University of Oulu

Mobile mentoring conversations and the role of participant teachers

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Author: Fernandez Alvarez, Alejandro1
Organizations: 1University of Oulu, Faculty of Education, Educational Sciences
Format: ebook
Version: published version
Access: open
Online Access: PDF Full Text (PDF, 1.4 MB)
Pages: 77
Persistent link: http://urn.fi/URN:NBN:fi:oulu-202006182510
Language: English
Published: Oulu : A. Fernandez Alvarez, 2020
Publish Date: 2020-06-22
Thesis type: Master's thesis
Tutor: Lehtomäki, Elina
Reviewer: Lutovac, Sonja
Lehtomäki, Elina
Description:

Abstract

The aim of this thesis is to explore the practices in Finn Church Aid’s Mobile Mentoring project by analyzing the teachers’ online conversations. This study seeks to improve the North-South engagements, especially in the context of teacher professional development. The research questions address the development of the online conversations, the positions of participants, mentor-mentee, and the effect on teachers’ professional development. From a theoretical perspective this research is located under the postcolonial paradigm, which is discussed together with the pedagogical postcolonial framework, Learning Through Other Eyes, and Bhabha’s Third Space. Topics regarding mobile learning, teacher’s professional development and mobile mentoring are also discussed. Participating teachers were originally from Uganda, the mentees, and from Finland, the mentor. The twelve weeks conversation was analyzed following a dialogical methodology. The findings of this analysis were divided into two parts: firstly, the four modules showed the development of the conversations and were used a reorientation for the summary of the findings. Secondly, the research questions were directly addressed based on the most representative segments of conversation. The research found that the development of the conversations followed multilateral interactions, however there was a slight change towards multilateral interactions as weeks past. Moreover, the mentees positioned themselves as respondents and the mentor as a guide of the conversations. Nonetheless, there were times when some mentees took the leading role. Finally, the mobile mentoring conversations followed an inquiry based mentoring model which allowed mentees to contextualize their reflections to their own setting. Some alternatives for mobile mentoring in similar contexts are suggested. Further research needs to analyze other elements of mobile mentoring project such as the curriculum or the participant’s perceptions.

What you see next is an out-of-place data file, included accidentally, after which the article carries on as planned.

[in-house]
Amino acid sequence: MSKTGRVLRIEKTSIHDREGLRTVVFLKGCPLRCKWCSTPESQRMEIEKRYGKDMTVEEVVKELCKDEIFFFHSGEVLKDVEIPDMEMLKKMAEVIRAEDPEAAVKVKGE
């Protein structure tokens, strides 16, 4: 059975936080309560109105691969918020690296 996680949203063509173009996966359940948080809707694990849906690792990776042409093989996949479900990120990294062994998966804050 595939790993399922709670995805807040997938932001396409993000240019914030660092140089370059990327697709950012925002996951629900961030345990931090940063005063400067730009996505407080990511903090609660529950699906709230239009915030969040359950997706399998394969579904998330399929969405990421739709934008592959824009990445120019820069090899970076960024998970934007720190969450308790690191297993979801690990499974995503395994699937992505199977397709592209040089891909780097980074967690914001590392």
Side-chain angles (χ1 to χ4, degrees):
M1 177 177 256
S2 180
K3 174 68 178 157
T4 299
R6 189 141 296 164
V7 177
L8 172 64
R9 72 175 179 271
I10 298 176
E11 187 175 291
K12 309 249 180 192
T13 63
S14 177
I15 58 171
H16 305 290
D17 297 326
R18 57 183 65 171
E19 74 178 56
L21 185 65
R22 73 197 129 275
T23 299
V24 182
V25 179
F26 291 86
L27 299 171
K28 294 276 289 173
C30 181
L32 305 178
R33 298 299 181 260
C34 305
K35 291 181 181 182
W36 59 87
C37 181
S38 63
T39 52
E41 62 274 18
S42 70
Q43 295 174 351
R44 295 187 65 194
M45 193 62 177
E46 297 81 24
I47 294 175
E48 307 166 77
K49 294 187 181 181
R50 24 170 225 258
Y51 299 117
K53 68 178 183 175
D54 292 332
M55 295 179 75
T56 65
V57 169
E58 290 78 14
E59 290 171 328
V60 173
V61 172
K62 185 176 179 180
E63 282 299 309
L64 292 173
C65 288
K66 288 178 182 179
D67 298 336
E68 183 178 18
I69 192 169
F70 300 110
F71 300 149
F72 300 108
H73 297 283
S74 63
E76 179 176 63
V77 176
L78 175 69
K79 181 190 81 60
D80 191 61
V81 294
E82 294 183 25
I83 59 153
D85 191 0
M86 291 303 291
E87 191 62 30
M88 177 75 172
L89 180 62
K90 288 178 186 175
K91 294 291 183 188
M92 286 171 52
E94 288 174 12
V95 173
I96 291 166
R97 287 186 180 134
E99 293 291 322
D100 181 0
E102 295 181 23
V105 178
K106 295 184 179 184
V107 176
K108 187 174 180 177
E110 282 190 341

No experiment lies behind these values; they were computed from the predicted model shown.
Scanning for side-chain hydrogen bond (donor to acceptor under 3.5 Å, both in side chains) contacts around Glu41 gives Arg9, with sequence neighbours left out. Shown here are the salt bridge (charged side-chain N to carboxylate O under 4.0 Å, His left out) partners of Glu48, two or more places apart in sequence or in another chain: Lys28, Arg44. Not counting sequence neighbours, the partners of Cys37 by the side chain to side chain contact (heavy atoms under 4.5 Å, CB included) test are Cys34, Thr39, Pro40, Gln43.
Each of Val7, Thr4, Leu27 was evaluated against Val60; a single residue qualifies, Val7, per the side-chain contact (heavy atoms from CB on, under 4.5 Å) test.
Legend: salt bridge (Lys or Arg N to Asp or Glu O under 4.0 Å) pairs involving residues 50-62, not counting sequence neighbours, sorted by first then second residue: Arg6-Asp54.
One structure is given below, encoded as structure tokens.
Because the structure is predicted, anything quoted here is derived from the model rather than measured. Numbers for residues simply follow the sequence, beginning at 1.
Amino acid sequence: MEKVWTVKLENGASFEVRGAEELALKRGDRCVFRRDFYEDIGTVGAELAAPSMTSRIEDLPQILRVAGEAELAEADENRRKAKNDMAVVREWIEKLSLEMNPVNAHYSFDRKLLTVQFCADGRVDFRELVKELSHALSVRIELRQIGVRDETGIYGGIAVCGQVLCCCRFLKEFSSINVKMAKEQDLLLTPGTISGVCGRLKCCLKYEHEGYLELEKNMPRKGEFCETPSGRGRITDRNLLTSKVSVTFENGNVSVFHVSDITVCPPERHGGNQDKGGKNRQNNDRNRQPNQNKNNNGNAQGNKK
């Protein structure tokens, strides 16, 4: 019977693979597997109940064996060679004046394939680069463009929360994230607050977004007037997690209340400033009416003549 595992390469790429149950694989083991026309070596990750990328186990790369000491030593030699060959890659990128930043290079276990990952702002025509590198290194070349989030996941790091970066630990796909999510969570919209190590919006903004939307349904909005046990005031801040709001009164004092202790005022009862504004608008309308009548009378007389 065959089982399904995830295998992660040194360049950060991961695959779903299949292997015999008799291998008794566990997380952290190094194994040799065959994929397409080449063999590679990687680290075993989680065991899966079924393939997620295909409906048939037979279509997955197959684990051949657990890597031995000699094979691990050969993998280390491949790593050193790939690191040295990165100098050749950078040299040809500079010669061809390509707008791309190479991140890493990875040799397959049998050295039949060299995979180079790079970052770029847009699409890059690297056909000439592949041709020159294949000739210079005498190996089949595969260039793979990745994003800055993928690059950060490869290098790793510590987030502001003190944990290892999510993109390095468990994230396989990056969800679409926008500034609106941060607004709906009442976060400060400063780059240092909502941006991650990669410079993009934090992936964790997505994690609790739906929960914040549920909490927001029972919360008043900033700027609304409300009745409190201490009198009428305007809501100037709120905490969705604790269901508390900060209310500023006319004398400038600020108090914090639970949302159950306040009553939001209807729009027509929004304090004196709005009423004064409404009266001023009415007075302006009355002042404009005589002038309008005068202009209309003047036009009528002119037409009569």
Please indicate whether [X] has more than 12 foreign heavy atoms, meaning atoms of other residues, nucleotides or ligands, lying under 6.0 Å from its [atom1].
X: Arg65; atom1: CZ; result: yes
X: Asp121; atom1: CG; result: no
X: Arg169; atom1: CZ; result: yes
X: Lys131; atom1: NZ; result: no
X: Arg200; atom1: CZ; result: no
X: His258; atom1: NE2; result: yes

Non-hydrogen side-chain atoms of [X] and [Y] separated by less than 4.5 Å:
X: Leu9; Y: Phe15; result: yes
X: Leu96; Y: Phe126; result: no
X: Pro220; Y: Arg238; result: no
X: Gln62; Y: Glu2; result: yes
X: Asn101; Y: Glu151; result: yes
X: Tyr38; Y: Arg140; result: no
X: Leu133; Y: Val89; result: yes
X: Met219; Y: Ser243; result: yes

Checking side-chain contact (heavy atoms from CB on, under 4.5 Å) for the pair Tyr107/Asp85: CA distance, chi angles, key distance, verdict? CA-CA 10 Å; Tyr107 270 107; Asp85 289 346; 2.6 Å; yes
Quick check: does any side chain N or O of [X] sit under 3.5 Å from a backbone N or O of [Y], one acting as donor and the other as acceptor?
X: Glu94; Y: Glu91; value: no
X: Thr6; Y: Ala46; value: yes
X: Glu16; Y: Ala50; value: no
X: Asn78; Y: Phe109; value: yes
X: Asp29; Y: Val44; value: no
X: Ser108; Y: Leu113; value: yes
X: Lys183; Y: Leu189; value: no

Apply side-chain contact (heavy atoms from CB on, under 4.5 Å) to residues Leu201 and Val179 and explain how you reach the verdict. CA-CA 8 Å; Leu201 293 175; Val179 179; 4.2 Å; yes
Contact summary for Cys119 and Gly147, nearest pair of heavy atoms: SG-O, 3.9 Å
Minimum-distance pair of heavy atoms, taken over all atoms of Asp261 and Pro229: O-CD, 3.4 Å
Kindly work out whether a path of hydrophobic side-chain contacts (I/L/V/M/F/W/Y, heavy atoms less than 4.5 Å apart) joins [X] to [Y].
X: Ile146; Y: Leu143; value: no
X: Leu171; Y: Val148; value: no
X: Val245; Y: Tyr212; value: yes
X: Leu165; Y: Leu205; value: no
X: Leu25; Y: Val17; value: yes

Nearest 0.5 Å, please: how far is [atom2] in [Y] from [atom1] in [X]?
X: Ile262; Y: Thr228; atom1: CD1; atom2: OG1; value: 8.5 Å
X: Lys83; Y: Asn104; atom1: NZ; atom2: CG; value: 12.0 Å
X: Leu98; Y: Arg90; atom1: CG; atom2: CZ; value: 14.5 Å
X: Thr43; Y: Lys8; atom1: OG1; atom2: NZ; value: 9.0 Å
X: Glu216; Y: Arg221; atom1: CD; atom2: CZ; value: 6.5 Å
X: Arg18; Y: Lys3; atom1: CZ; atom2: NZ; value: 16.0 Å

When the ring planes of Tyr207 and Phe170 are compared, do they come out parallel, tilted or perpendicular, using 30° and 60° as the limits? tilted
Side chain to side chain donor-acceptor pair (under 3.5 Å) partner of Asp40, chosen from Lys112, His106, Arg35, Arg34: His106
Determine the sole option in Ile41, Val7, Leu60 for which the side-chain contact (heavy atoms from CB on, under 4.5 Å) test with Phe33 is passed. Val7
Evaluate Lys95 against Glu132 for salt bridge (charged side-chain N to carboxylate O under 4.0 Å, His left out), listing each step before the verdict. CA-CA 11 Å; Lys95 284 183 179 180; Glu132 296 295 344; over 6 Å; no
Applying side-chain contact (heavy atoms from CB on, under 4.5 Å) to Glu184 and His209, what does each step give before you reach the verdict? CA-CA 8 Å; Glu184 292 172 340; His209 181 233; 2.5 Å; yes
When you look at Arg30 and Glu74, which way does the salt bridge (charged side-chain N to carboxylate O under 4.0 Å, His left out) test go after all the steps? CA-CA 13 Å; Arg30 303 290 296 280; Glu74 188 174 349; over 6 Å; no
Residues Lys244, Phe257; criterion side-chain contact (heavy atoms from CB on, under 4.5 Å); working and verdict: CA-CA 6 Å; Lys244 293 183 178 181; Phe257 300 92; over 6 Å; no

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Copyright information: © Alejandro Fernandez Alvarez, 2020. This publication is copyrighted. You may download, display and print it for your own personal use. Commercial use is prohibited.